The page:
Ricki July 20, 2011 - 9:20 AM

I’ve been cooking dry beans for years now. I do use canned, but that’s usually when I’m all out of cooked beans. I cook them a pound at a time and freeze them in one cup servings. This usually gets me through a couple of months since I only eat them about once a week. I like the taste better and since I’m salt sensitive, I can control how much is used. It does seem like a chore, but like Erika and Serenity just pointed out, they don’t require you to be too involved and they pretty much cook themselves.

I noticed the question mentioned something about health food stores and cost. I buy my canned beans at Trader Joe’s because they’re about $1.29, sometimes less, they’re organic and low sodium. These cans will sit in my cabinet for most of the year since I much prefer the cost benefit of $1/lb or so for dried beans out of the bulk bins.

Rosie July 20, 2011 - 9:37 AM

as I was opening a can of kidney beans last night I was wondering what you would have to say about this! I’m sure making dry beans isn’t that hard but everything I cook takes less than an hour to make and that includes prep time.

NaturalBlackOne July 20, 2011 - 1:10 PM

I use both canned and dry. Canned when I am in a rush or for salads and the quick pot of rice and beans, but when I am really cooking a meal like “good” rice and beans or bean stews, I use dried beans. I simply boil them for 10 minutes, turn the heat off and cover them up for an hour. Then I cook as normal. It is like “speed soaking”. I learned that trick and it works like a charm when I am forgetful about soaking them from the night before.

jas July 20, 2011 - 1:26 PM

Whole foods brand of canned beans are usually 89 cents and most don’t have additional sodium. I pretty much just open the can, rinse the beans a few times, and toss them in salads or wraps.

Johnnie July 20, 2011 - 1:50 PM

I always soak my beans overnight…less cook time and for me it cuts down on the side effects. 😉

milaxx July 20, 2011 - 4:23 PM

where do you get those cool bean jars?

milaxx July 20, 2011 - 4:27 PM

nevermind.

Amazon has them. Should have checked there first.

Bannef July 24, 2011 - 10:42 PM

I was the person who asked the question – thank you so much! All this advice is really helpful, particularly your last paragraph. Another problem is since I typically only cook for myself preparing one serving of dried beans seems a little silly, and I rarely need a full can. Your solution sounds perfect!

Danielle August 3, 2011 - 12:05 PM

You do not need to let beans sit in cold water overnight! Simply place them in a pot and bring them to a good boil. Boil for a minute or two. Take the beans off the hot burner. Let the beans sit in the boiling water for 1 hour & then cook the beans as you normally would. This is an alternative, “quick method” to letting the beans soak all night. Works well for black eye peas & black beans. OR cook lentils, which require no soaking at all because they are soft beans. Absolutely try a tasty low fat, low sodium recipe. I don’t think canned beans TASTE as good as cooking your own beans & dried beans are one of cheapest, healthiest foods out there. You can eat a portion every day, or just freeze them or try eating them with brown rice or cous cous. I can eat a pot of beans for 1 solid week! Enjoy!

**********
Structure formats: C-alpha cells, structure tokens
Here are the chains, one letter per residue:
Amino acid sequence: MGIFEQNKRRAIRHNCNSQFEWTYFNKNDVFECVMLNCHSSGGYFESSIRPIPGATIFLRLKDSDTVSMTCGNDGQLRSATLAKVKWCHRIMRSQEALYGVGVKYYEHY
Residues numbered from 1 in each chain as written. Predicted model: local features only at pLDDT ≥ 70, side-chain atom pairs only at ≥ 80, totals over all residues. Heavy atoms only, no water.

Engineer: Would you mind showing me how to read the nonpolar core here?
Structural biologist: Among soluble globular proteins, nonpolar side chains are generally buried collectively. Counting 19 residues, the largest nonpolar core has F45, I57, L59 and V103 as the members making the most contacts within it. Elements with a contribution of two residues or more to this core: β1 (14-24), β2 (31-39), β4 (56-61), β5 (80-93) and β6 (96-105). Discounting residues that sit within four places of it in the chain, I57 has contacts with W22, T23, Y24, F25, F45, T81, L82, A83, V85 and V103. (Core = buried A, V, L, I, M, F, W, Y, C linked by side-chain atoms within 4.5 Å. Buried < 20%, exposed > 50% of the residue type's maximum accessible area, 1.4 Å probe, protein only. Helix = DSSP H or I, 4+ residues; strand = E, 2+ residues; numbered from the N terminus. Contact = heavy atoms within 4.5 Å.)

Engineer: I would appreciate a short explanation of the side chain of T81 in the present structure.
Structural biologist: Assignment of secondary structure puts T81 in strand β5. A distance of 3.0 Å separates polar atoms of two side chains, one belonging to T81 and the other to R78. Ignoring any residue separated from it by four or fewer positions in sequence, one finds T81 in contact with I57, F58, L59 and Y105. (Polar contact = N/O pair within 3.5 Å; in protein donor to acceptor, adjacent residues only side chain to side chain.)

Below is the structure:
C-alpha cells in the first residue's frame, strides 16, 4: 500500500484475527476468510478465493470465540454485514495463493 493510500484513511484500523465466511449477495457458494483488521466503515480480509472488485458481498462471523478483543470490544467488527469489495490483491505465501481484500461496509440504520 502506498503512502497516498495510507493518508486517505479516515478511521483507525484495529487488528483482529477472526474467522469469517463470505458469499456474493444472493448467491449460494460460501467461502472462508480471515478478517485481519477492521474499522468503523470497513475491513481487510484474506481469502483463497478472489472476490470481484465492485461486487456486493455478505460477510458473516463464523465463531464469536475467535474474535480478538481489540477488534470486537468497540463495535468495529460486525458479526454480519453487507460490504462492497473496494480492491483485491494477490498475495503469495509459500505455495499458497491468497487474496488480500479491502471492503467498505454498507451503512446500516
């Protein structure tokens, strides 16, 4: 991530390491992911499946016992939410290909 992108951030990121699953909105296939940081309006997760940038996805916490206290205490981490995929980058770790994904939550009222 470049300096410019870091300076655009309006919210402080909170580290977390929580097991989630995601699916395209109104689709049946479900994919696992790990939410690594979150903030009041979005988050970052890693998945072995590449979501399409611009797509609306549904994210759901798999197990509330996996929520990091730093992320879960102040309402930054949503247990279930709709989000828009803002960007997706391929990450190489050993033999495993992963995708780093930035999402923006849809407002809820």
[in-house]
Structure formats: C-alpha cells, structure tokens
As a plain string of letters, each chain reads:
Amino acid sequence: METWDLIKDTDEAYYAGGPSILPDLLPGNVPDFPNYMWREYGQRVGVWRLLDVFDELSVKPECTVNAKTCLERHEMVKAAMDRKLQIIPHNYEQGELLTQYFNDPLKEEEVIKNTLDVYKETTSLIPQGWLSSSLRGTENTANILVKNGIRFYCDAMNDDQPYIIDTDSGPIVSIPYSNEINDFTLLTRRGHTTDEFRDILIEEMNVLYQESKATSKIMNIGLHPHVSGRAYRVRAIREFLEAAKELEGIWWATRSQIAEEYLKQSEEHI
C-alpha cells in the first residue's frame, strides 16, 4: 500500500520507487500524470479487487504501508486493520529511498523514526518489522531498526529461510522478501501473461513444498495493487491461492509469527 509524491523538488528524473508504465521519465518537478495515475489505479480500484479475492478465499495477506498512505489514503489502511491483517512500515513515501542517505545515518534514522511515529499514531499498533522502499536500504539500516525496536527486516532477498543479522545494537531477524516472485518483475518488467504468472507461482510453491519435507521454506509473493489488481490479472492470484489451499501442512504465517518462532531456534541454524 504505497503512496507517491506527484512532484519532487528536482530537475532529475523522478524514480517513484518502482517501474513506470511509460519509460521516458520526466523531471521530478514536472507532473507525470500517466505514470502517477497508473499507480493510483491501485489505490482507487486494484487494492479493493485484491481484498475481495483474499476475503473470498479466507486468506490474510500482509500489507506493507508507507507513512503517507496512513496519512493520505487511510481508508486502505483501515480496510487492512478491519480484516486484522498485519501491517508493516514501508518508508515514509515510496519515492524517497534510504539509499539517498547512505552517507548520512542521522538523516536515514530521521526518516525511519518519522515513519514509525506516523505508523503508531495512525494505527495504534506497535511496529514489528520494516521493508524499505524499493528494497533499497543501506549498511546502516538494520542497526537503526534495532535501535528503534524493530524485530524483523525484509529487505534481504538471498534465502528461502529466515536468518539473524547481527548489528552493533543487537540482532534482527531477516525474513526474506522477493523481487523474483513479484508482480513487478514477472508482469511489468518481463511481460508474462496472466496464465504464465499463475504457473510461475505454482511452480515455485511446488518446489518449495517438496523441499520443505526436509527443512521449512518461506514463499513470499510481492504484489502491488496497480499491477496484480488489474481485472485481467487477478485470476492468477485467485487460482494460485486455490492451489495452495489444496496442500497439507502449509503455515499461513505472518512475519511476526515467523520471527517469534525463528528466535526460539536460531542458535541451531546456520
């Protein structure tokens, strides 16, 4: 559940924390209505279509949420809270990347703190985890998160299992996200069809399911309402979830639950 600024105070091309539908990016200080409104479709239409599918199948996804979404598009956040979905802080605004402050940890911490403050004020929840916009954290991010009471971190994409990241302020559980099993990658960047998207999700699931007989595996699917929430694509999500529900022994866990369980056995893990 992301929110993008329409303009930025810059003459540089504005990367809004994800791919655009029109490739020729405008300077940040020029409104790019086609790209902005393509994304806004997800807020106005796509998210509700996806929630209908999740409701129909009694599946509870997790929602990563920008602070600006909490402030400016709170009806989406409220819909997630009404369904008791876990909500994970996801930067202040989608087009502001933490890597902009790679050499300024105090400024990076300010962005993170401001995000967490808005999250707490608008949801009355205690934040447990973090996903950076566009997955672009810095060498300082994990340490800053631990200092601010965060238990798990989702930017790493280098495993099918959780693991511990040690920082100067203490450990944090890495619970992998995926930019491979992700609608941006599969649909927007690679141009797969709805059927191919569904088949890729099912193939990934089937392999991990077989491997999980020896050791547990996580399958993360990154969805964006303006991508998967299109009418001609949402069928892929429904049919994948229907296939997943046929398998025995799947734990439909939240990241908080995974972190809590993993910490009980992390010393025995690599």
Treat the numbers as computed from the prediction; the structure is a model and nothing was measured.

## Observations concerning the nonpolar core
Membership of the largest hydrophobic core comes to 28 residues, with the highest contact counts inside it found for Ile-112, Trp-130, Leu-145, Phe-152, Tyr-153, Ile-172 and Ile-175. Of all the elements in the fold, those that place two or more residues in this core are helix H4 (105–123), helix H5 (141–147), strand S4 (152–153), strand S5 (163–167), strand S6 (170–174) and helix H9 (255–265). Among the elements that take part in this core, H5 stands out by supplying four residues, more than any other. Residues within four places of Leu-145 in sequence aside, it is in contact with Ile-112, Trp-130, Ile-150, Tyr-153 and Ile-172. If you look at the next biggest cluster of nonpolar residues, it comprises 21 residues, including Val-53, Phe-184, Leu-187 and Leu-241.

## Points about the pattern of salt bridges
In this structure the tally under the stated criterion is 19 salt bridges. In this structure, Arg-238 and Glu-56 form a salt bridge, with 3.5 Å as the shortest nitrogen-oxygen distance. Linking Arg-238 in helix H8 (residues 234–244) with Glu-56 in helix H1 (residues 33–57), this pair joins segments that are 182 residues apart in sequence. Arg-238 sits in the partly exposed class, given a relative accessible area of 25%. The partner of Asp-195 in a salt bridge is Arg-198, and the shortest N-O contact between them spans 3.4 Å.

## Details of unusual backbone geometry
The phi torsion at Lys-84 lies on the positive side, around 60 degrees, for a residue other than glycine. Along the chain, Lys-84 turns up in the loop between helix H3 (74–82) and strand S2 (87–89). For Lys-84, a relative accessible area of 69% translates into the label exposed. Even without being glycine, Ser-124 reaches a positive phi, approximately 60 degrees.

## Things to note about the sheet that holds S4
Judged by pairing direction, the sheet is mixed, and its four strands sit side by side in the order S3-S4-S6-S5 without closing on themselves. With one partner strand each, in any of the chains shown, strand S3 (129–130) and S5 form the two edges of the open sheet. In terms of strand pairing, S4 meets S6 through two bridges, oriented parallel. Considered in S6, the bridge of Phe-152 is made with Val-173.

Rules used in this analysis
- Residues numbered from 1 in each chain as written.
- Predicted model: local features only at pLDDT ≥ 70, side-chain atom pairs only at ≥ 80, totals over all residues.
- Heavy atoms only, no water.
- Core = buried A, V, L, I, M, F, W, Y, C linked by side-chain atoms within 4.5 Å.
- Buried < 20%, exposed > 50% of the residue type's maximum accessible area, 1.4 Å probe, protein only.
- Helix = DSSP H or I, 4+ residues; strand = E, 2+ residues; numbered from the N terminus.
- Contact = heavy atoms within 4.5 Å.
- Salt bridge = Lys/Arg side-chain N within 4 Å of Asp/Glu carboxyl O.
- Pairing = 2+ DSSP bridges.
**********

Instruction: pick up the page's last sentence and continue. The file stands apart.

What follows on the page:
Brenda55 November 7, 2011 - 6:28 PM

I use dried beans only. Why? Cost. One bag of dried yields the equivalent of three cans. Do the math. If you have a pressure cooker you can have them done very quickly. Otherwise just take a day that you are stuck in the house and cook up a batch and then freeze for later. What I do is soak and then cook the beans then separate into thirds, place in sandwich sized baggies and freeze. When you are ready to cook grab a bag and then your are good to go. Less cost, less trash and you know what is in them.

Frozen bean preform beautifully and depending on what you are making you don’t even need to thaw them.

Shevy November 6, 2012 - 4:27 PM

I buy dried beans and canned beans. The whole foods 365 brand is usually about a $1/can.. Also, if you have a Trader Joe’s in your area, they carry organic canned black beans and pinto beans, also about $1/can. When I cook dried beans (usually pinto, red beans or black beans), I cook them in a pressure cooker with onions, garlic, olive oil, and sometimes tomatoes. In a pressure cooker, the beans are usually ready in 30-40 minutes!

ytm24 December 5, 2012 - 9:27 PM

I made the spanish rice recipe in one of the meal plans with soaked black beans. I didn’t add any seasoning to the beans. It was delish. I like black beans, period. If I’m in a pinch and I buy canned beans (which I did in the past) they are gonna be the 52 cent store generic brand. So I guess I’m better off soaking my own because I am too cheap to buy an expensive can! I can cook a pound and use in two or three recipes. I am cooking just for me.

Kasey December 5, 2012 - 9:29 PM

Just to add some bean knowledge 🙂

One thing my mom taught me was to cook beans with a pressure cooker. I picked up at cheap 2 quart size pressure cooker at Shop Rite. If I want lentils I just saute some onions, green pepper, and garlic with some olive oil. When they are tender, I toss in dried lentils and 6 cups of water. Cover with the lid. After cooking 20 minutes, its ready. For a student who doesn’t want to cook, this is my to go meal. It makes enough for a week.

This method removes the need for soaking (though you should always check for stones) and gives a quick cook time.

TTFK August 25, 2013 - 10:32 PM

For a readily available, economical, low-sodium canned bean, check the Goya Premium line. One cup of their canned black beans has only 250mg of sodium, and much of that can be removed by rinsing them off well first. Also, only 100 calories and 18g of carbs per cup.